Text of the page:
It is then brought up to temperature and hardened, then turned upright to allow the molten wax inside to drain off through the sprued vents & tunnels, leaving a hollow space between the inner and outer ceramic moulds


It is at this point our process gets it’s name, the “Lost Wax Casting Process”


Before the molten bronze is added, the mould will first be tested using water to find any weak points or holes where leaks may occur


Any damage can be repaired, holes patched and if required, additional holes drilled to aid draining


Now it is secure and strong, the shell is heated once again in the kiln to remove any remaining moisture and to ensure it is at a similar temperature to the molten bronze to prevent shattering due to temperature difference


Our final mould is now ready for casting our Bronze Piece



First bronze metal is melted in a furnace at roughly 1200 °C until molten


It is then transferred to a crucible for safety and ease of transport and poured into the pre-heated mould


Once the mould is filled with a sufficient amount of molten bronze, it is then left to cool



Once cool, the bronze casting is now released by drilling away the inner core, hammering away the outer shell and removing the sprues,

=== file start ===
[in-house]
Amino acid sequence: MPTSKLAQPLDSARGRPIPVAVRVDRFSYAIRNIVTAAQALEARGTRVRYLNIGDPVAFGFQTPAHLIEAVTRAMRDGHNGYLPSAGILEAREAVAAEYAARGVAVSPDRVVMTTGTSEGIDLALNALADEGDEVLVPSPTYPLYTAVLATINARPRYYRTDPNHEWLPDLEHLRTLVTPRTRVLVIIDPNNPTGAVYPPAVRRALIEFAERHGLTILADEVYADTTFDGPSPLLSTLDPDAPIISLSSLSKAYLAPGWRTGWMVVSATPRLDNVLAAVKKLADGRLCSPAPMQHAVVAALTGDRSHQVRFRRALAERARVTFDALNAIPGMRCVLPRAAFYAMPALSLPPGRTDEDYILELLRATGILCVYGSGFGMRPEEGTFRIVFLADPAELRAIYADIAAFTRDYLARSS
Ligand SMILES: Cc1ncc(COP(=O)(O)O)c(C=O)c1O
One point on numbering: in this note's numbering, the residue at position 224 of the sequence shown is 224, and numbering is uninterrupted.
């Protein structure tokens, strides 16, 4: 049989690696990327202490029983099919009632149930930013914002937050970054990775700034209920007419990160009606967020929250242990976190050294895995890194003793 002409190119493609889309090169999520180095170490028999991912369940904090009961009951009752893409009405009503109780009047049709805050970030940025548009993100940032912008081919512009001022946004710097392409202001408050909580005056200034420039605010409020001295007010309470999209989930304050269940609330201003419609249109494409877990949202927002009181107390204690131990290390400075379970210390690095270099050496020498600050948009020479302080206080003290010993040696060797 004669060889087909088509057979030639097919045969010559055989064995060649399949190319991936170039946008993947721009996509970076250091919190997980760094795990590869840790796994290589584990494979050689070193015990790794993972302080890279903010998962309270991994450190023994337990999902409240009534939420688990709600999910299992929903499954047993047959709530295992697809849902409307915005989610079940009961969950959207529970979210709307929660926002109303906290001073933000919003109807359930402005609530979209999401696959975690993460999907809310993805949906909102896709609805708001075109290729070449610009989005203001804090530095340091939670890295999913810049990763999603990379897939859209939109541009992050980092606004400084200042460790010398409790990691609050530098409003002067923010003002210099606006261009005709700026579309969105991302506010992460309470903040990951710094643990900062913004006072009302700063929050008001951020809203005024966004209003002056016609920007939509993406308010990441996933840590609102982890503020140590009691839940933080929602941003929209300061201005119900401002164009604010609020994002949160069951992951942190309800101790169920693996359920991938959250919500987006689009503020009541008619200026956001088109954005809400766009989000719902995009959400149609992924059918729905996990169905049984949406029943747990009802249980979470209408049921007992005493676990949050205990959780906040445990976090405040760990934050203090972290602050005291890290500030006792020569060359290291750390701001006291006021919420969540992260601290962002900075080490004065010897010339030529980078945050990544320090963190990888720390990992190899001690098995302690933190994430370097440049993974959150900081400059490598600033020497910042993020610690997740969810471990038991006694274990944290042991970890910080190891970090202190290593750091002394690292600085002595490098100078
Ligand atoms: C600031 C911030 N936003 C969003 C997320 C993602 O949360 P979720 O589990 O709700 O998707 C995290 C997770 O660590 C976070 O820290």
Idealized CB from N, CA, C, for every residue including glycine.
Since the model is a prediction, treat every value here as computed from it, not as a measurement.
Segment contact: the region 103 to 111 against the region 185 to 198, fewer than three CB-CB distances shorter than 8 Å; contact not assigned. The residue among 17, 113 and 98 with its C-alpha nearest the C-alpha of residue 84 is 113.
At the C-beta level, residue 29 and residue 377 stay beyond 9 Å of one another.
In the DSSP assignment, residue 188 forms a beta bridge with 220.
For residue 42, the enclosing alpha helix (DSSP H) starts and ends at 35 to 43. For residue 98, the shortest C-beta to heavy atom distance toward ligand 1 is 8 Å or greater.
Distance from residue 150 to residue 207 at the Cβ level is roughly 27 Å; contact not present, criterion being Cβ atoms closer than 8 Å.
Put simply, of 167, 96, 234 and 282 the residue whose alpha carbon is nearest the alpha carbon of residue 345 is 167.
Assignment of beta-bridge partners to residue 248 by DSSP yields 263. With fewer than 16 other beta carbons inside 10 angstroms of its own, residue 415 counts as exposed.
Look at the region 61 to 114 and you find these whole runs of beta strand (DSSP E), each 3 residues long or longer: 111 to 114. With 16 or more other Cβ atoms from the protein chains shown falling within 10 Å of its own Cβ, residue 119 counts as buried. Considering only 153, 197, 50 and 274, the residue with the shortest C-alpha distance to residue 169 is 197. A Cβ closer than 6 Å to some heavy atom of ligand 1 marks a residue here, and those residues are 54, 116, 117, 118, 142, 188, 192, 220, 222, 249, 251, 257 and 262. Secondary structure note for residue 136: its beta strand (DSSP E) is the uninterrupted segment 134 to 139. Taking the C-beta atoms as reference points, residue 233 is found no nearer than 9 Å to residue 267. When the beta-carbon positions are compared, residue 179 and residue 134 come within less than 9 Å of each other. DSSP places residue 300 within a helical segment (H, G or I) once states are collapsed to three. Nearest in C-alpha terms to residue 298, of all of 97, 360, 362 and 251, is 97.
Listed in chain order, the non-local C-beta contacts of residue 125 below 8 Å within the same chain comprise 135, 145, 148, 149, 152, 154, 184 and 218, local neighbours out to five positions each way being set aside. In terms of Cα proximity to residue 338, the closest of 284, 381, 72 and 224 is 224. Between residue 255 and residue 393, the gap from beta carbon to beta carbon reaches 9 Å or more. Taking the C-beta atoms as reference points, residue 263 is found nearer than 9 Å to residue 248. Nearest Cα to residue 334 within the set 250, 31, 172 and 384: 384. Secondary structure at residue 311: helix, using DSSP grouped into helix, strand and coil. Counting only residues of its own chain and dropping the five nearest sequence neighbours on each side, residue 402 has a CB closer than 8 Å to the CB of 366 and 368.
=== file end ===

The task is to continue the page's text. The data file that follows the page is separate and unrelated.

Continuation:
These will be melted back down and used again but the ceramic shell is lost
The metal chasing process is now employed, the same as with the wax chasing, to remove all casting marks and signs of casting
Imperfections or pits from air bubbles can be removed by filling the surface and where the sculpture has been cast in several pieces, these are welded together and re-finished



Finally you have a finished bronze cast of your original sculpted model, which is then prepared for patination


This is the art of colouring of the sculpture using various chemicals, different combinations of which create various colours


The sculpture is then protected with layers of wax applied under heat, followed by two cold applications and then buffed to reach a fine lustre



Overtime and after repeated use, the definition will be reduced and a new mould will need to be fashioned


This is something we keep a close eye on to ensure that our current moulds produce a finely detailed firing wax, to the quality of the original


If degradation occurs, the current wax is returned to the artist, the lost details reinstated, new moulds are created and the old moulds are scrapped



As can be seen from the narrative above, the Art of Bronze is a very hands-on process that goes through many stages before the final patinated and polished bronze sculpture is ready for delivery to the customer


We do hope the information contained within has been informative and we look forward to making your acquaintance, sometime in the future
The Escar UK Bronze Team


Escar UK Bronze -:- The Art of Bronze


Wikipedia -:- For more info on Lost Wax Casting -:- The Crucible


Hollow Cast Bronze Statues UK -:- Hollow Cast Bronze Sculptures UK